Bonus Episode! Method's Adam Lowry And Eric Ryan At The HIBT Summit

Automatic TRANSCRIPT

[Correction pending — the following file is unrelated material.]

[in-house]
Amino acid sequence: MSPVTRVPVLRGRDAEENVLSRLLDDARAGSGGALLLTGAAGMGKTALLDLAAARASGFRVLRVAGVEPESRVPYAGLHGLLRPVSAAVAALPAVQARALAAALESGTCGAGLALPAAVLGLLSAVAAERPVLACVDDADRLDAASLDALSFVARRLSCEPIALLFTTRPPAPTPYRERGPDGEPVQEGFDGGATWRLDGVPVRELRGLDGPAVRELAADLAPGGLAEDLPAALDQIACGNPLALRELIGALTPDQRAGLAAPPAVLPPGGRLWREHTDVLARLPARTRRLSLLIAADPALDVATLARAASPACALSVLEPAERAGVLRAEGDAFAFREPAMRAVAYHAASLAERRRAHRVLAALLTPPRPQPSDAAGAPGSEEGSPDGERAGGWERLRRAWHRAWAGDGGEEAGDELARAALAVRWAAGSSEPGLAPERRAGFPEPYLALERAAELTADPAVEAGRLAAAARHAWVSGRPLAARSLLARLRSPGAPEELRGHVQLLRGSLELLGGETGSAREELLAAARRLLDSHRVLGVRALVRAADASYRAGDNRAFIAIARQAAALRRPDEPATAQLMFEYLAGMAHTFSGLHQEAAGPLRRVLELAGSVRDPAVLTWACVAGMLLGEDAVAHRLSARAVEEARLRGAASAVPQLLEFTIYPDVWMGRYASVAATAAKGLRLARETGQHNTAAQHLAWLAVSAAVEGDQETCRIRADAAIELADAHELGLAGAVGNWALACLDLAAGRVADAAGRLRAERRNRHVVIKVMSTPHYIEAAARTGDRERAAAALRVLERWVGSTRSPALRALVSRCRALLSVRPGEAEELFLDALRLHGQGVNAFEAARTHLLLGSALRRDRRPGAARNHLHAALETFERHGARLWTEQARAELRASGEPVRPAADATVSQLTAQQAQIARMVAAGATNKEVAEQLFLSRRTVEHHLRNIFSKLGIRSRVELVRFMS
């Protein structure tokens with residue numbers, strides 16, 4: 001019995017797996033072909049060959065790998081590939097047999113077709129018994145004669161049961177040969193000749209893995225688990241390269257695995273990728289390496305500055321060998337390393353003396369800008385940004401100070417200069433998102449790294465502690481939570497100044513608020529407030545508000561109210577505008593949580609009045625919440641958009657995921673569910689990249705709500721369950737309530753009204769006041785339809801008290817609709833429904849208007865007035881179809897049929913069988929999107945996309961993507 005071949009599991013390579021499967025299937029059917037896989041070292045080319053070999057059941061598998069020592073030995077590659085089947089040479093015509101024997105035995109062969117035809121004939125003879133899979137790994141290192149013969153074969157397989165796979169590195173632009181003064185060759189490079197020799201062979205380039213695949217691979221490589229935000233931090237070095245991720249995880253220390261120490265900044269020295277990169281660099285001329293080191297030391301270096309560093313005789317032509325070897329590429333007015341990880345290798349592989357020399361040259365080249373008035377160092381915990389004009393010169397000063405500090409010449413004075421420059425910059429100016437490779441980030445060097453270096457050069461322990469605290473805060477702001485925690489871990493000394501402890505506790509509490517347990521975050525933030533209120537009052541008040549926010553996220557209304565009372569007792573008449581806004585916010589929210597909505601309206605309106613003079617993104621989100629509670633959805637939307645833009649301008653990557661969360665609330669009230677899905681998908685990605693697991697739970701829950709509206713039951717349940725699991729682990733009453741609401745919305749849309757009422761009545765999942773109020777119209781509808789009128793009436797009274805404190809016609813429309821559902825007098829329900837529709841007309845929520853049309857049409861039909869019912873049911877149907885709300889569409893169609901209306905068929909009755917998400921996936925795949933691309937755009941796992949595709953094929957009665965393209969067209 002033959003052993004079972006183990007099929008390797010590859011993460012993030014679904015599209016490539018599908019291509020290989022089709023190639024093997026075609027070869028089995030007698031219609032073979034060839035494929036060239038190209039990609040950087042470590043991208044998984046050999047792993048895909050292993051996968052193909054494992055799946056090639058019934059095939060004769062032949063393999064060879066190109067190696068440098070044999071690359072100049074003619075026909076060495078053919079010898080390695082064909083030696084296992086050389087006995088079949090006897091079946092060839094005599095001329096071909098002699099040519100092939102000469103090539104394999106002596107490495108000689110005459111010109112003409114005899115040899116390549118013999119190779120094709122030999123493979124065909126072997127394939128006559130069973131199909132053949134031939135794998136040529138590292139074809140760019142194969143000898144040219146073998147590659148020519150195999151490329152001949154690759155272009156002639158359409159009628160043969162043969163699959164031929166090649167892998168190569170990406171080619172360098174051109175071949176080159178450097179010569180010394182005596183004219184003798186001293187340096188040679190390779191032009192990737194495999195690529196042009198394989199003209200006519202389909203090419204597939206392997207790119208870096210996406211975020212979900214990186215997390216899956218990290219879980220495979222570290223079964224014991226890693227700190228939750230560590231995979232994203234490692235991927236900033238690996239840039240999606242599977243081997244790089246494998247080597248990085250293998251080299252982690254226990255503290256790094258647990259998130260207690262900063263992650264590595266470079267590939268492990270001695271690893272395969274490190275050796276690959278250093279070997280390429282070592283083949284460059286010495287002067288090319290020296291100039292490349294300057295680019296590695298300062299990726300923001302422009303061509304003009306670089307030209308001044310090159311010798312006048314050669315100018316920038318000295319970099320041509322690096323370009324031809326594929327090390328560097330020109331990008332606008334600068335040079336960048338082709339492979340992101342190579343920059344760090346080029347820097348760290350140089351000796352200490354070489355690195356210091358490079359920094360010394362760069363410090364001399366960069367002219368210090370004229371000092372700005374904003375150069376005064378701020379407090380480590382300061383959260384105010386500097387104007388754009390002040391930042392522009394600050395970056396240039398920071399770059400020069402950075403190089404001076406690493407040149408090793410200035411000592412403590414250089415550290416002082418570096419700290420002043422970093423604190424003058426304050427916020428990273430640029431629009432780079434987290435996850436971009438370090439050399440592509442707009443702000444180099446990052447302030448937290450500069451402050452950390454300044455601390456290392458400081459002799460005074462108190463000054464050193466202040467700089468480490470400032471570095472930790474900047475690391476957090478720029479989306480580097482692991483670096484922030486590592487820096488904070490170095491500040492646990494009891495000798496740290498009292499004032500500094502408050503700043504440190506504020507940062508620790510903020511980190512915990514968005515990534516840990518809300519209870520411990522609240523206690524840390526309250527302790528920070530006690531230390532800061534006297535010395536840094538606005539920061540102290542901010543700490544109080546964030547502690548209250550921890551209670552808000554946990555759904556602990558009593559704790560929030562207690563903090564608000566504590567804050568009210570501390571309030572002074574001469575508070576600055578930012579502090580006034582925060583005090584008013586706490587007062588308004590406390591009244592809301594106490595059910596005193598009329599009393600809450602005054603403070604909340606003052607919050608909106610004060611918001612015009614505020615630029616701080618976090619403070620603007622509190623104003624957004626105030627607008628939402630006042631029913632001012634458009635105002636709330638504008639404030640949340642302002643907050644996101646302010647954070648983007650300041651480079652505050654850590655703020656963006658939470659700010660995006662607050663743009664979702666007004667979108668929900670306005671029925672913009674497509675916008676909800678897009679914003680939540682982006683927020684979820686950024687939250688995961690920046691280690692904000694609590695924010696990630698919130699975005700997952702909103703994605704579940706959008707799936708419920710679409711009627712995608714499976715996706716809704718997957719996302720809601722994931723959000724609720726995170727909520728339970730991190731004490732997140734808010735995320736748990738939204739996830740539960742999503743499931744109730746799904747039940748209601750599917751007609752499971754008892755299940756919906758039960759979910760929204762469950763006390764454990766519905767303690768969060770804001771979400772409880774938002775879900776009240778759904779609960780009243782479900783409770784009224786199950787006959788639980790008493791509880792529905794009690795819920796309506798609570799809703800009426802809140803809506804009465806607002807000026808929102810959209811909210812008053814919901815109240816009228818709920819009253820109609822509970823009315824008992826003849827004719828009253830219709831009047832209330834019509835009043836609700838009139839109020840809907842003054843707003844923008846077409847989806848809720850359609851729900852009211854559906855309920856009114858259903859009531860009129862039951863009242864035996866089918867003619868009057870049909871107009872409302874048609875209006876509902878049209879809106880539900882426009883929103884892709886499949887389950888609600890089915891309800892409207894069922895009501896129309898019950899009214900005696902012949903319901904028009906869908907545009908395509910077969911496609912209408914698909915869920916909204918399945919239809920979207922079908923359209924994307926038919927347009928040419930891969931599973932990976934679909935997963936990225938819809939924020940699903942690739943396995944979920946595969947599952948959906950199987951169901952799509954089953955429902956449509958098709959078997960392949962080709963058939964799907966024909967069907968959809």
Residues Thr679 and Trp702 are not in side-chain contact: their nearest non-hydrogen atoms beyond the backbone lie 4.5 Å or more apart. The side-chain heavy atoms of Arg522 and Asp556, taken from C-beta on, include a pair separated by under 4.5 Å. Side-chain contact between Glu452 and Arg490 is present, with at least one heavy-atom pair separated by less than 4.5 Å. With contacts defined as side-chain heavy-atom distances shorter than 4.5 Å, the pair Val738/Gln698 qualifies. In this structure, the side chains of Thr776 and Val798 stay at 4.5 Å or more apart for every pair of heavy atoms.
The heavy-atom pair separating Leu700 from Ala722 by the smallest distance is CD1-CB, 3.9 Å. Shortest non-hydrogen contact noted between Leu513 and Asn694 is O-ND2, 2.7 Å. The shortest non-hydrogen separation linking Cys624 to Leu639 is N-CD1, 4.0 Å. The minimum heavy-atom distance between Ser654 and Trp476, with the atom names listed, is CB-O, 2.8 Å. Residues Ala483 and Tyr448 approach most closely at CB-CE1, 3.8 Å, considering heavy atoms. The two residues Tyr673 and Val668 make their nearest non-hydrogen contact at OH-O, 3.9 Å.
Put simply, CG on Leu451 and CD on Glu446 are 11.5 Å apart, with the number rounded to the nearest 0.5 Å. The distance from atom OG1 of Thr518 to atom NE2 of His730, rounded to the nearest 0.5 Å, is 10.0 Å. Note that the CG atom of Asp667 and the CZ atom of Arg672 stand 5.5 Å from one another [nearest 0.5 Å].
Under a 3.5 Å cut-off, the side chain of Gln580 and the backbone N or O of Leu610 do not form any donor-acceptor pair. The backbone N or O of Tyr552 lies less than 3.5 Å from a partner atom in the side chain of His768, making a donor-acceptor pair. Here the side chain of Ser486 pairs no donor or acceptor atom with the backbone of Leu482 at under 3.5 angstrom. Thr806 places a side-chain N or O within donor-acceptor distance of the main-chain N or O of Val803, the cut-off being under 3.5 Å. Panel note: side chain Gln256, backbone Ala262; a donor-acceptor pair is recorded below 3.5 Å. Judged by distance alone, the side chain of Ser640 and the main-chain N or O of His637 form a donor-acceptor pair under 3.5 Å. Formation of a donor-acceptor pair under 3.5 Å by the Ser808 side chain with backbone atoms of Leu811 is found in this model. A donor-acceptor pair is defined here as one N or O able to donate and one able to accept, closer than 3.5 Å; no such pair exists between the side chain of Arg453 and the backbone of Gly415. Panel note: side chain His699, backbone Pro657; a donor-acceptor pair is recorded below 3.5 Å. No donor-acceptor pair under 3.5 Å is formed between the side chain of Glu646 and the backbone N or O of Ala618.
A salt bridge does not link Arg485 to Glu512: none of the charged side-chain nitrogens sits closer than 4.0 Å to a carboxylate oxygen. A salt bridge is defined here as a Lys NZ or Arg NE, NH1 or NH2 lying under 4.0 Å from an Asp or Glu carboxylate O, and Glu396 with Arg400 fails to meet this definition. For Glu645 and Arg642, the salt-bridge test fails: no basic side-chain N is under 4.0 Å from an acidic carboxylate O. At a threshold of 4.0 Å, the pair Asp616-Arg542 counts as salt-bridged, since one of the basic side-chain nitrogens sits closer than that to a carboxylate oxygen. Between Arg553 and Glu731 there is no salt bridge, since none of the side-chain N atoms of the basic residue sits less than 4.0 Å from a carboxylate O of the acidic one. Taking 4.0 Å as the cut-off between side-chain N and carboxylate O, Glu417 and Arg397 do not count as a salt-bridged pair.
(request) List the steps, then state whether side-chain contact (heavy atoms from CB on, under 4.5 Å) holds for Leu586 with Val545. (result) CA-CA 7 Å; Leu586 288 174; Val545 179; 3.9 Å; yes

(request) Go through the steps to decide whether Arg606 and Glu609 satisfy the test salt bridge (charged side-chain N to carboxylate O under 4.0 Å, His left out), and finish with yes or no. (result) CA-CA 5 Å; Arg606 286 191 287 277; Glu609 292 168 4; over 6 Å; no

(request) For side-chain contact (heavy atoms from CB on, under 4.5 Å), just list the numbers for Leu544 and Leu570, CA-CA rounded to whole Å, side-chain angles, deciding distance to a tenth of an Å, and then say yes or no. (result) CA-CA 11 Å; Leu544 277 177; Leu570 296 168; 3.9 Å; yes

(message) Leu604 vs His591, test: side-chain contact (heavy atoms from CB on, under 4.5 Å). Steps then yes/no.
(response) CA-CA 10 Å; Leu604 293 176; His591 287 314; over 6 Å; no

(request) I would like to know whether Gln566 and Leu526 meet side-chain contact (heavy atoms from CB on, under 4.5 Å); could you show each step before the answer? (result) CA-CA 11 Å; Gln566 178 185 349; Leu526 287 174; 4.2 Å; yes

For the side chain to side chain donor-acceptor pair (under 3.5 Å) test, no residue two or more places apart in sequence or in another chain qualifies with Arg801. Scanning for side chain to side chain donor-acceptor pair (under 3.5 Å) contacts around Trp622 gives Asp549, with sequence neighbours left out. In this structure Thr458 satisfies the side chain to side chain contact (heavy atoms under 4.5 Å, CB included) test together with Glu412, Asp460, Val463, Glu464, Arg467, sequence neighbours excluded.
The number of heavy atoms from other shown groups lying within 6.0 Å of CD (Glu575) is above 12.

Support for the how I built this summit comes from American Express offering eligible card members, flexible funding solutions smart savvy way to fund your business. The powerful backing of American Express don't do business without it. Terms apply. Visit American Express dot com slash business. Hey, it's guy here. And today, we're going to bring you our second bonus episode from the how I built this summit that was held in San Francisco in October. And this episode is from my live interview with Eric Ryan, and Adam Lowry there the co founders of method, and if you haven't heard that episode we did on method on the podcast. You should definitely go back and give it a listen. It's the story of two guys in the mid twenties who took on Unilever and Procter and gamble by starting a company that makes green cleaning products. Now adamant Eric spent fifteen years building method together before they each moved on to found new companies. So when I sat down with them at the summit, I really wanted to dig into just how they made their partnership work. So successfully how they manage their relationship as co founders and through it all now, they managed to stay friends. Thank you for for coming. I imagine a lot of people in this room. Maybe even in the bathrooms of the year Buena center for the arts. They will find that icon ick bottle of method hanso. How can you can you? Tell me how you got the idea. Can you tell us how the idea came to you guys go for it? So we so adamant I started this company at pine and Gough here in San Francisco now referred to as lower Pacific Heights in arguably, the dirtiest flat and San Francisco, so this is not the Martha Stewart story by any means, and I took a different approach which is not necessarily trying to find a problem to solve or a frustration. Because we are not known for our cleaning, especially Eric. Yeah. We saw a really big category which was a sea of sameness, and we started looking at the category and start to see some opportunities. Eric really kind of looked at it from from a brand perspective initially, which was his background, and I've very different background scientific environmental. And started looking at it from that perspective. And it just was one of those things. It's just started to grow. We'd really know what it was at first, but grew in you were in your like mid twenties at the time. How did you know that the other person was going to be the right partner? When you when you when you start talking about this? I don't know if he did I don't I don't think we did what I knew is that Eric thought in a way that was entirely different from the way that I thought, and I learned a lot whenever I spoke to him about business. And I knew that that was a necessary element for any business. And I'm just somebody that believes in just trying. Lifelong learning. And so I saw that as a huge asset. I think we're so different in the way we think in what our skill sets are in a typical business situation. I don't think we would ever been brought together. Yeah. One of the very lucky things for us is that we were friends and roommates and you as a founder you off to look to partner with businesses with people who are similar to you. But what you need is someone who's the complete opposite of you to make a business successful. Yeah. So tell me both of you would question with what skill sets. Did you bring to the partnership to the relationship? He can spell and do math. I was twenty five when we started the business. So I can't claim that I had a lot of skills. Chewed a background in chemistry. Background was chemical engineering. I'd been a climate scientist. I knew how to computer program, I knew how to do sort of technical stuff and could figure out problems at very simply atoms inside the bottle. He understood that the chemistry. Chemical engineering the sustainability behind it. And I was outside of the bottle, which was the the design and the branding of it. And one of you, and you may not may not know who one of them is an introvert and one's an extrovert. See we we need each other. I've got a joke for you know, the difference between an introverted engineer. An extroverted engineer now the extroverted engineer looks at your shoes while he's talking. So so you guys, obviously, very different personalities. Totally different skill sets. How did you figure out who was going to do what I think it kind of came pretty naturally again? I there was no way. He was good. Trust me to do. Chemical engineering. Yeah. I mean this skill sets being so different. We kind of had to spread out on the field but early on startup, you're doing everything. Right. So Eric was didn't have any formal sales training, for example, but he was very much on the sale side of the business leading customer relationship development. And that sort of thing is that harder for you to do, you know? Yeah. Probably a little bit. It also required me to do things. Like, learn finance, right? I have no formal finance whatsoever. But you know, that's that's typical in history. You were more comfortable being in the background and letting Eric kind of be the face of this to investors and partners and customers. Yeah. Part of that's around my internal motivation. Which is I am oriented the way that I am introverted. If you wanna call it that. But also, I'm I'm much more. This is not a commentary on Herrick. I'm much more just sort of internally motivated about trying to learn new things and get better at something. Get a little bit better. Every what are you saying? Yeah. That was the caveat. So so yeah. But I think that that you know, to kind of bring that around that's actually really important in a business is that you have separate roles that you can that you can play, and it actually was very much to our benefit. I mean, some of our very early sales pitches that we talked about on the show where Eric was out in front of the customer, and I was kind of squirrel in a way trying to figure out stuff. In the meantime, and trying to get it all to come together at the right time. Yeah. You know, we've had episodes where the founders co-founders split up, and it's bad, you know, and it it's it's actually more common than not your case is almost unusual because you're still friends you see each other even though you've gone your separate ways. And you both have separate companies today which will talk about but there must have been tension. I mean, I mean, they're still business decisions that have to be made there still processes. So how did you did you deal with that ten? Yeah. And you're under extreme stress in pressure. And you do this as a partnership, and I always tell people it's it's a lot like a marriage, but it's it's even harder because you can't have makeup sex. So you've got to find alternative ways through it. There's so much. I could say right now. But so much of the tension of the two of us of these very complementary skills, and you can see the tension in our our brand in great brands have tensions. Right. So we had to find healthy ways. And I think we understood each other well as friends and it took a few years, but when we really learn to understand each other, well as business partners, and what are different work styles were like, and we could respect it and understand it. And then we were able to support each other in a completely different level. It's just been amazing. I would just add to that. We've fought like cats and dogs we hated each other's guts for and you live together. I don't remember hitting you. That was good score. One for you. And we actually had to intervene in it. But the key for us was recognizing that it was way more important for the business that we have a constructive relationship, then to get our own individual way. And the big learning was because we're so different learning that when Eric says something, you know, what he really needs. And when I say something he perceives it differently than what I'm trying to say an example of that Eric life. You are. I think you mentioned to me. And I I don't know if this ended up in the final version of the podcast, you're very communicative. You're kind of an open book. And and sometimes you described the way that atom dealt with challenges are pressures was to kind of internalize. It will stay quiet. Yeah. Adam kind of needed the space, then get the energy to go attack. The problem you thought it was angry with you or something like that. Yeah. Or withdrawn like like like the house is on fire. And I was looking what he was doing it. I didn't feel he was. Having that same sense of urgency where he just needed to approach it from a very different way. Where when I'm under pressure under stress, I have to attack the problem head on. And that's very classic introvert extrovert. Did you ever get a coach or like a therapist or somebody? Yeah. We did. Opponent of did therapy together. It got us rate for marriage. But I'm a big proponent of that. Because it's what helps you understand this like the situation that we just talked about where when things get stressful Eric talks a lot and Adam shuts up, right? And that's two different people responding in different ways that still need to work together in ways their constructive. Even though they're stressful. And so having somebody to help you understand that you know, what Eric by talking a lot what he means. By mean, not I'm trying to think my way through a problem that we kinda gotta meet each other in the middle and use the best of each other skill sets get through it. I'm just really fascinated. How you were. So kind of mature about this. You were so young in your mid twenties. I mean in your mid twenties or going through lots of things in general like we're going to do with my life is working out. And yet you both seem to just have this very single minded focus on making this thing work in a lot of that is driven by. A lot of us are trying to do which is to create meaning through our work. Right. And yeah, we spend an awful lot of time working. So if we can make it meaningful that's something that has been a goal for our for us all along. And that means yeah. Putting putting yourself a little bit aside because you're trying to create something that's bigger than you could ever be. Yeah. What what do you think the difference between good tension and bad tension is right because trust trust. Wow. Well said yeah, I mean because conflict can be good, right? Yeah. Usually is. Yeah. Yeah. I mean, I say trust. Maybe that's obvious but conflict is a great thing. Because it's where you are able to build an idea into a bigger better idea, and you're going to have differences of opinion and trust is what allows you to evaluate that objectively as something. That's a better way of solving a problem that your business has or a better idea than the one that Suzy are Bobby came up with. With all by him or herself where there isn't trust. That's when things get weird, you know, authorship becomes more important than quality and all kinds of stuff for for people in this audience or early stage entrepreneurs and trying to build something and maybe thinking about a co found or maybe they have a co-founder there's a small team. What what would you have wanted to know, you know, twenty years ago that would have been helpful for you as you've now grown and scaled your own businesses. I I always occurred people take a partner because it's one thing to let yourself down really hard to let someone else down and that partner you keep each other going when things get really hard, which which they always will. And then I was encouraged people to find somebody who's just the complete opposite of your skill set. So between the two of you, you can cover as much of of the business as possible and go into it with an open mind because I think you'll learn. More about yourself than anything else in terms of. What you're good at? And what you're not good at how you're perceived and how ultimately you can be affective, and how you can lead people in a way that's true in authentic to type of person. You are I asked you earlier both of you. How did you know that the other person was the right person and your answer was we didn't. So was it. I mean, it was just serendipitous that you just I think. Yeah. A little bit of luck, and you know, a startup his journey, and you kind of figure out along the way, and if Adam it started method on its own it probably would have looked like a birkenstock smell. It smelled like one. It. If I start on my own at probably like, Hello kitty. In have been toxic did work. And because of us coming together in bringing these different points of view in the strengths we created. I we're gonna take credit for it. Because we haven't found by who did it first. But really the first echo Shiga product that was high designed and deep sustainability, which is really hard to do. And we are both insistent that it would have these these qualities in brought it's a lot of our personality coming together. A big part of it is well as making the commitment that hey, I'm going to start this business. Right. You start a business? That's at least a ten year commitment. Sure. And I'm going to do it with this person, which you know, I mean, we're using the marriage analogy a lot right you it's something you've got to commit to not just the way it starts. But how you're going to develop it over time. So that you can make it work to the benefit of the business. And then I think a key is always put the business before yourself. And if you do that it'll bring you back around to that when he says something that gets on your nerves or there's a stressful situation. This is great group therapy. Right. Yeah. You you are both running your own businesses. Now, you you sold method, and you're no longer involved with the company, Eric you run Ali, which is a by vitamins and nutritional supplements, you pricing target and ripple you pricing that all over the place whole foods as well. It's a plant milk company. What are you? Most miss about about not working with the other person, Eric's, creative, spelling. In all seriousness. Eric is one of the best people I've ever met in just kind of coming up with. We're really building on ideas little nuggets that sort of get built into. More interesting and creative ideas. That's that's what I miss about working. Yeah. First of all, I just missed our sense of humor. We have. We we always had a lot of fun together in the office. And I miss that daily bands over like brothers from a different mother. I love how Adam would push these really hard initiatives around sustainability or chemical engineering that would would scare us all but we'd get behind. I think ocean. Plastic was was one of my more favorite ones as well. To launch a line of products that were made from plastic retreat from the ocean. And I miss being surrounded by his really kind of big on his thoughts on that every day. So cool. Adam Lowry, Eric Ryan, the co founders of method the founders of ripple and Ali. Thank you. Eric Ryan, Adam Lowry, founders of methane at americ-. Join me live on stage at the how I built this summit which happened last month at year Boina center for the arts in San Francisco. More of these short bonus episodes from our summit event, we'll be coming out every Thursday of the next month. So check out your how this feed for new ones next week. My interview with John Zimmer of lift thanks to Casey Herman who produced this episode routine air Bluey wrote the music, I'm guy Roz and even listening to this special bonus episode of how I dealt this NPR.